In today’s section Abaye identifies a series of tannaim (sages from the time of the Mishnah) who all require that a sukkah be a permanent structure. This contrasts with our general understanding of the sukkah as a temporary structure.
Abaye cites 8 different opinions and attributes to each of them consistent reasoning—the sukkah must be constructed as a permanent abode. As we shall see, this is a relative opinion. By that I mean that in each of these cases the opinion referred to by Abaye holds that the sukkah must be built more permanently than the opposing opinion.
The first opinion is that of Rabbi [Judah Hanasi]. As we have seen, Rabbi Judah Hanasi holds that the sukkah must be 4 cubits squared. This is a more permanent structure than those who hold that the sukkah need only be wide enough to hold his head, most of his body and his table.
R. Yoshayah stated in the previous section that the walls of the sukkah must also provide shade. This would make it a more permanent structure than those who allow gaps in the wall that allow in the sun.
R. Judah allows a sukkah to be more than 20 cubits high. This would make it a more permanent structure than those who don’t allow it to be so high.
R. Shimon requires three full walls and one fictional wall. This is more permanent than those who require only two full walls and one fictional one.
Rabban Gamaliel does not allow one to build a sukkah on a wagon or a ship, or probably on any moving vehicle. This is interpreted by Abaye to mean that R. Gamaliel requires a more permanent structure for the sukkah.
This is the dispute we saw earlier in the tractate. According to Abaye, Bet Shammai requires a larger sukkah because he requires it be more of a permanent abode. We should note that according to Abaye both Bet Shammai, who requires the sukkah to be large enough only to hold his head, most of his body and table, and R. Judah who says it must be four square cubits (a larger size) agree that the sukkah must be a permanent abode. As I stated above, “permanence” is a relative concept in these sources. Abaye attributes the idea that the sukkah must be a permanent abode to the opinion which requires the sukkah be more permanent than that of the opposing opinion.
This is a mishnah that will appear later in the tractate. R. Eliezer requires the sukkah to have a flat roof. This, according to Abaye, makes it into a more permanent structure.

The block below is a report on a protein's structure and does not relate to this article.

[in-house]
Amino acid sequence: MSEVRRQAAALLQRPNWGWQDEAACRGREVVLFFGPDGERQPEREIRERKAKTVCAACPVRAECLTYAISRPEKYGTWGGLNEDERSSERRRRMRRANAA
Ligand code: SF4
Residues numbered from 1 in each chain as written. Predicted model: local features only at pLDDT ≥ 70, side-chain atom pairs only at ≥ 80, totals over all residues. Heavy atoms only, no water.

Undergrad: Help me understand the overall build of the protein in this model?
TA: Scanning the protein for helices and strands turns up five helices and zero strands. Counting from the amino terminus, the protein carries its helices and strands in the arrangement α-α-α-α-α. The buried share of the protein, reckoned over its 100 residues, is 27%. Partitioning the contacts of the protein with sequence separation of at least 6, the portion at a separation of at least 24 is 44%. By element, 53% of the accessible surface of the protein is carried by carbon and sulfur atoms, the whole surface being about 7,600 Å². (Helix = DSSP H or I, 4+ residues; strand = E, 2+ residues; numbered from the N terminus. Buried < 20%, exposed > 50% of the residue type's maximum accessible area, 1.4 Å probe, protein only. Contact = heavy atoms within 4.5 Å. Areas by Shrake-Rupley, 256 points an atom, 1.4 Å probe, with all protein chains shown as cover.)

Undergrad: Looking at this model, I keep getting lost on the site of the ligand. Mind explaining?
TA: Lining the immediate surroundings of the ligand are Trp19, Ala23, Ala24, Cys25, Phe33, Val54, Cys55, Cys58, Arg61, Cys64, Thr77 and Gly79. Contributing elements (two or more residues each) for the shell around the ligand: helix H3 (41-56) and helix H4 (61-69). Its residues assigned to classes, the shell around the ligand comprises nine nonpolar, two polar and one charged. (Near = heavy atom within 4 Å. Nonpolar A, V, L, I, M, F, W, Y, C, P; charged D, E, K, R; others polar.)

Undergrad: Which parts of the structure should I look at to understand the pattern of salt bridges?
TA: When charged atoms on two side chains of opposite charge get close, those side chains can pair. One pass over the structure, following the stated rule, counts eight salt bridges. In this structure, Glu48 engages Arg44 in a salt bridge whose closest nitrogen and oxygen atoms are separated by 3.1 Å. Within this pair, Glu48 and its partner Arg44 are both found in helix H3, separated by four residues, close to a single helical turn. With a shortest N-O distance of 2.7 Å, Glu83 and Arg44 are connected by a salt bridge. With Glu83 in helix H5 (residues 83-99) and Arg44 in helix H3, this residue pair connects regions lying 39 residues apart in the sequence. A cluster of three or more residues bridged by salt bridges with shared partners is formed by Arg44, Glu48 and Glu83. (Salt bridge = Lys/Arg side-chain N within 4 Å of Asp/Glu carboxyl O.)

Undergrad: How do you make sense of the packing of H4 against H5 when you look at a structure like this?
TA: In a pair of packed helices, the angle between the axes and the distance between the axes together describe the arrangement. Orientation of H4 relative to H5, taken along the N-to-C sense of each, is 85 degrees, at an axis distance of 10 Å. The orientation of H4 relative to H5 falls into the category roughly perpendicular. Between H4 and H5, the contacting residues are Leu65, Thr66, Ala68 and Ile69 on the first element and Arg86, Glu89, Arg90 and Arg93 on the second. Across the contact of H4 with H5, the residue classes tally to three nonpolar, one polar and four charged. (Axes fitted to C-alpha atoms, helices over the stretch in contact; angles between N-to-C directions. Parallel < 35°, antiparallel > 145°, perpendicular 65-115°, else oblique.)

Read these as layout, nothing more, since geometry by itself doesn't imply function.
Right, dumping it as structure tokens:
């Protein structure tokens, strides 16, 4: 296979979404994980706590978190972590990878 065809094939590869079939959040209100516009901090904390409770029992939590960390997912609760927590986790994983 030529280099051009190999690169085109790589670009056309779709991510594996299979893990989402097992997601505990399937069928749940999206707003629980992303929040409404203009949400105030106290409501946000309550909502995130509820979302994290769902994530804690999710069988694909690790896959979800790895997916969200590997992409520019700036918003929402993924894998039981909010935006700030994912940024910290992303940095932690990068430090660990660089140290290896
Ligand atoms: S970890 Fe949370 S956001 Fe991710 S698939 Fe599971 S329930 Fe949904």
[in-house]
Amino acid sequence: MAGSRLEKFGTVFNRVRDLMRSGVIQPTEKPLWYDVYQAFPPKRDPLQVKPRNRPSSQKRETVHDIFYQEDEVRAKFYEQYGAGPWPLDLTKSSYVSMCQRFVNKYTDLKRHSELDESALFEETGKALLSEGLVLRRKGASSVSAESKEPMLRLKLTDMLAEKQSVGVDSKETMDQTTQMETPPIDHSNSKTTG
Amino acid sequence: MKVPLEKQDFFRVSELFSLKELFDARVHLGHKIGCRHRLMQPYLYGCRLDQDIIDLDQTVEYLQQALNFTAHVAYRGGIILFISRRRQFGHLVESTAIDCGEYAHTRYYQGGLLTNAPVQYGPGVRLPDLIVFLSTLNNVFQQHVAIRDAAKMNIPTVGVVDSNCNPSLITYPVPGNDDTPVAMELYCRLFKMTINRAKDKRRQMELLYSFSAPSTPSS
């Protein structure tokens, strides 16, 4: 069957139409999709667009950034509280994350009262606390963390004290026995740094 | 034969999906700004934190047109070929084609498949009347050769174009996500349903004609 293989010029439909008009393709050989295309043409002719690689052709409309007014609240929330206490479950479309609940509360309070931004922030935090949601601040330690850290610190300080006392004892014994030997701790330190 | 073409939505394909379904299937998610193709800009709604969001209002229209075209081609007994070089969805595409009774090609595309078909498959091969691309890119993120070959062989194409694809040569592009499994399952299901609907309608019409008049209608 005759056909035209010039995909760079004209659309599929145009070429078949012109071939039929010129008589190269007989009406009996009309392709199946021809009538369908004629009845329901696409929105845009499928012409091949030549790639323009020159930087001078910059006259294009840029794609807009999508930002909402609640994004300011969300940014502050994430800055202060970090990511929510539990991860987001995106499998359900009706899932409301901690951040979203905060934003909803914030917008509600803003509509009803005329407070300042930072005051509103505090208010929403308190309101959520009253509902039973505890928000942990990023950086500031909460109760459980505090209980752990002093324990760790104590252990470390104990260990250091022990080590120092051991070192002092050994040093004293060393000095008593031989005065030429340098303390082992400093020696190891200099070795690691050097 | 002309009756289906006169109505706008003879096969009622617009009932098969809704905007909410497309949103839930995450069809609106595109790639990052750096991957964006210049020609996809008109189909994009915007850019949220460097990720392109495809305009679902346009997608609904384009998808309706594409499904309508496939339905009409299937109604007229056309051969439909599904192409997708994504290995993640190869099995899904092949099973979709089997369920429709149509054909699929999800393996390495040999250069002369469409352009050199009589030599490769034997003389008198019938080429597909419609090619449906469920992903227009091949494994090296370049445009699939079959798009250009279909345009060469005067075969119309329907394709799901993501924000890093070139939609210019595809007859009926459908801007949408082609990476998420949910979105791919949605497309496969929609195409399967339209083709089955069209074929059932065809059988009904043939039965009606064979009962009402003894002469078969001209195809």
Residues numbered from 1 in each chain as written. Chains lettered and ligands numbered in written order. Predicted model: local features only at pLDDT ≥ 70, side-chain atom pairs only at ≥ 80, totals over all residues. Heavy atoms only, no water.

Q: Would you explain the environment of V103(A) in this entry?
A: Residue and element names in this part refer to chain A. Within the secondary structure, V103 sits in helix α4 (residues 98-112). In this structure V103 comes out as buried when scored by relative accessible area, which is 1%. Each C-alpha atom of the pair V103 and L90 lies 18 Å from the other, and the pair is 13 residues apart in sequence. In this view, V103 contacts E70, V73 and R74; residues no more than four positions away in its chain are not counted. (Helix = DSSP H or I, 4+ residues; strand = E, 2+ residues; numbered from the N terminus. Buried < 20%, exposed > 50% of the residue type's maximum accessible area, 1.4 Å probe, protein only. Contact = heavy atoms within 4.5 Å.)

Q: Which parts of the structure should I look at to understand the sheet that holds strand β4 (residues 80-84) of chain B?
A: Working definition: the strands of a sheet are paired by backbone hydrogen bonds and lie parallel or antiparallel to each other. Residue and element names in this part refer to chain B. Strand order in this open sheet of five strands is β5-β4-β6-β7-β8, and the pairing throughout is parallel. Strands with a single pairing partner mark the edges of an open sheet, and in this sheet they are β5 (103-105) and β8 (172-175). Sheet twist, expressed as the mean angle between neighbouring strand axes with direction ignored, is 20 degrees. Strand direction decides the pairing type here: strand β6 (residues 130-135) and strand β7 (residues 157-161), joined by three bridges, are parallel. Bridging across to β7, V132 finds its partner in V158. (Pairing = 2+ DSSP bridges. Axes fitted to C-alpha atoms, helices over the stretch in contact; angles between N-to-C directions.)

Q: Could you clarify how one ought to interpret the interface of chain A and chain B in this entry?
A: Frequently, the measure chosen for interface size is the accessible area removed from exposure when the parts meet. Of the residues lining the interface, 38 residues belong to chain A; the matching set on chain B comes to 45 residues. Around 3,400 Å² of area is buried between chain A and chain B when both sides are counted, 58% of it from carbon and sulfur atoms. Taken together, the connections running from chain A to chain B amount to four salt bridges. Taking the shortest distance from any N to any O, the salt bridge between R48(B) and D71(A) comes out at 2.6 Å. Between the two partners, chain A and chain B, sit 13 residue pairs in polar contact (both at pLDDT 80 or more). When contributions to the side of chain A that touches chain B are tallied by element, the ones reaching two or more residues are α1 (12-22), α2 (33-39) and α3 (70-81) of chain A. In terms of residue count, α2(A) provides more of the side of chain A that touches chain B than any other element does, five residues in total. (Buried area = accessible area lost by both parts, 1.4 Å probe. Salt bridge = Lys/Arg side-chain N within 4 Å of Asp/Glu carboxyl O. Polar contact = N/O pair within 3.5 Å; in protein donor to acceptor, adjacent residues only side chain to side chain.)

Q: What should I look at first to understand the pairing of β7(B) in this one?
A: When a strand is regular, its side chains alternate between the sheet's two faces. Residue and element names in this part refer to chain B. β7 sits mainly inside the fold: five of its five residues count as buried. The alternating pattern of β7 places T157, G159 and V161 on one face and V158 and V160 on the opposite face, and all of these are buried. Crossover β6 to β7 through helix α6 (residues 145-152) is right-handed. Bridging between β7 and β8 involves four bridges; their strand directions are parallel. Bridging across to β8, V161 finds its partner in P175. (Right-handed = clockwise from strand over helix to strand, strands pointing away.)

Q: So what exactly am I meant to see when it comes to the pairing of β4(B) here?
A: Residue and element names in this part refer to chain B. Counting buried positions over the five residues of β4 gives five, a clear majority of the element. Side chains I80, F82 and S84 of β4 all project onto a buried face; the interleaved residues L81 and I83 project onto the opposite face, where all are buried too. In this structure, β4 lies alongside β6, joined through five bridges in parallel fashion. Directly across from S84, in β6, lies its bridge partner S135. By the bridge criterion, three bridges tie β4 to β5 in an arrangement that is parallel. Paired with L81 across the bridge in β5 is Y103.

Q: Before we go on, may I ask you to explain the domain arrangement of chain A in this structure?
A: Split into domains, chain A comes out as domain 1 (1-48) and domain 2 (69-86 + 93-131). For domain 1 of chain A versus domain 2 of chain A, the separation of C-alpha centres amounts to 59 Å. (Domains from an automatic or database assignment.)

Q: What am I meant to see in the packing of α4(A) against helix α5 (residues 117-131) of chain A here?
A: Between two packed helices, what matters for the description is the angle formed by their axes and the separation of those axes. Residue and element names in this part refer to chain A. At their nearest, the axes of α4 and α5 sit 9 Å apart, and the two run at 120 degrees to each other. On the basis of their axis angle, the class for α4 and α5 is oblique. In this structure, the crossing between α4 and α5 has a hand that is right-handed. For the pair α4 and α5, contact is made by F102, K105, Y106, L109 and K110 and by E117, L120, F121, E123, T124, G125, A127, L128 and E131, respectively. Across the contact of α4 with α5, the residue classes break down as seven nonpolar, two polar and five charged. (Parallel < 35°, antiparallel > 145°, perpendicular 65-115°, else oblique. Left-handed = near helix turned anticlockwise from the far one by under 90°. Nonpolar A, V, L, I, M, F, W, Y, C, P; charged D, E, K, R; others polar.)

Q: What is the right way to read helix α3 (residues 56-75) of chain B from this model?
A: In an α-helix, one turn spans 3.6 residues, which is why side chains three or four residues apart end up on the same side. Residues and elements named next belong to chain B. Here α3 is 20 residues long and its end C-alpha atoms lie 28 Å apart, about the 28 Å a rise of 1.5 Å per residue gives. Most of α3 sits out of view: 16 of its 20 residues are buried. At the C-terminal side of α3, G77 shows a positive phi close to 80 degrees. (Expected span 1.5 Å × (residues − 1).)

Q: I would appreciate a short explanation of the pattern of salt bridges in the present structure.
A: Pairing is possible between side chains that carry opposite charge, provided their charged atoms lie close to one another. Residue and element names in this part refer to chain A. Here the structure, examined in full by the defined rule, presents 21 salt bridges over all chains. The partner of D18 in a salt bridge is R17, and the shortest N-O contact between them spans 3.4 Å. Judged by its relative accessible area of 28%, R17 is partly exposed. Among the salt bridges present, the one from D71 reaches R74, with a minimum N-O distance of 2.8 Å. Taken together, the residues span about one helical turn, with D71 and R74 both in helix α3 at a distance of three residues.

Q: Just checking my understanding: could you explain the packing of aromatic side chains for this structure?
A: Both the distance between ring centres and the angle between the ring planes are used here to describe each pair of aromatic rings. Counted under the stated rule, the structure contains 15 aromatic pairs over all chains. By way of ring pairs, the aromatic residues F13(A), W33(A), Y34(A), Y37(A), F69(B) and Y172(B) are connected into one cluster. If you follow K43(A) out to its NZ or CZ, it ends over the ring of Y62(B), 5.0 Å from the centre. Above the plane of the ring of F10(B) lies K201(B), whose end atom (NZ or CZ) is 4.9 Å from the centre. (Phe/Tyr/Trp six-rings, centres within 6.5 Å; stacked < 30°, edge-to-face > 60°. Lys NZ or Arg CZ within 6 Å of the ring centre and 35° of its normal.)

A dovecote is round. The “others,” an anonymous opinion, invalidate such a sukkah because it has no corners. According to Abaye, a structure built without corners will be less permanent. Thus the “others” require a more permanent structure for the sukkah.
Today’s section is about the validity of a round sukkah. Just a warning—there is a lot of math in this section and in the subsequent sections as well. Good luck!
R. Yohanan describes a round sukkah shaped like a furnace. As long as twenty-four men can sit around the circumference of the sukkah it is valid. The Talmud will now discuss how big this actually is.
Earlier in the Talmud we saw three opinions as to how big a sukkah must be: 4 cubits square, large enough for head, most of body and table, or just large enough for head and most of body.
The Talmud assumes that this opinion must match that of Rabbi Judah Hanasi, who says that the sukkah must be four cubits square. This is the largest of the three measures. Obviously, a sukkah that only needs to be large enough to fit his head, most of his body and his table (which would have been small) is far smaller than is necessary to sit 24 people around.
However, as we shall see, the math doesn’t work out that all that well for this.
For the rabbis π was 3 and not 3 1/7…. as we now know it is. To remind ourselves—the circumference of a circle is diameter multiplied by π (or 2πr). In this case we know the diameter is 4 cubits for it is within a square where each side is 4 cubits. Since the diameter is 4 the circumference is 12, enough space for 12 people to sit around. So why does the sukkah need to be so big that 24 people can sit around the side?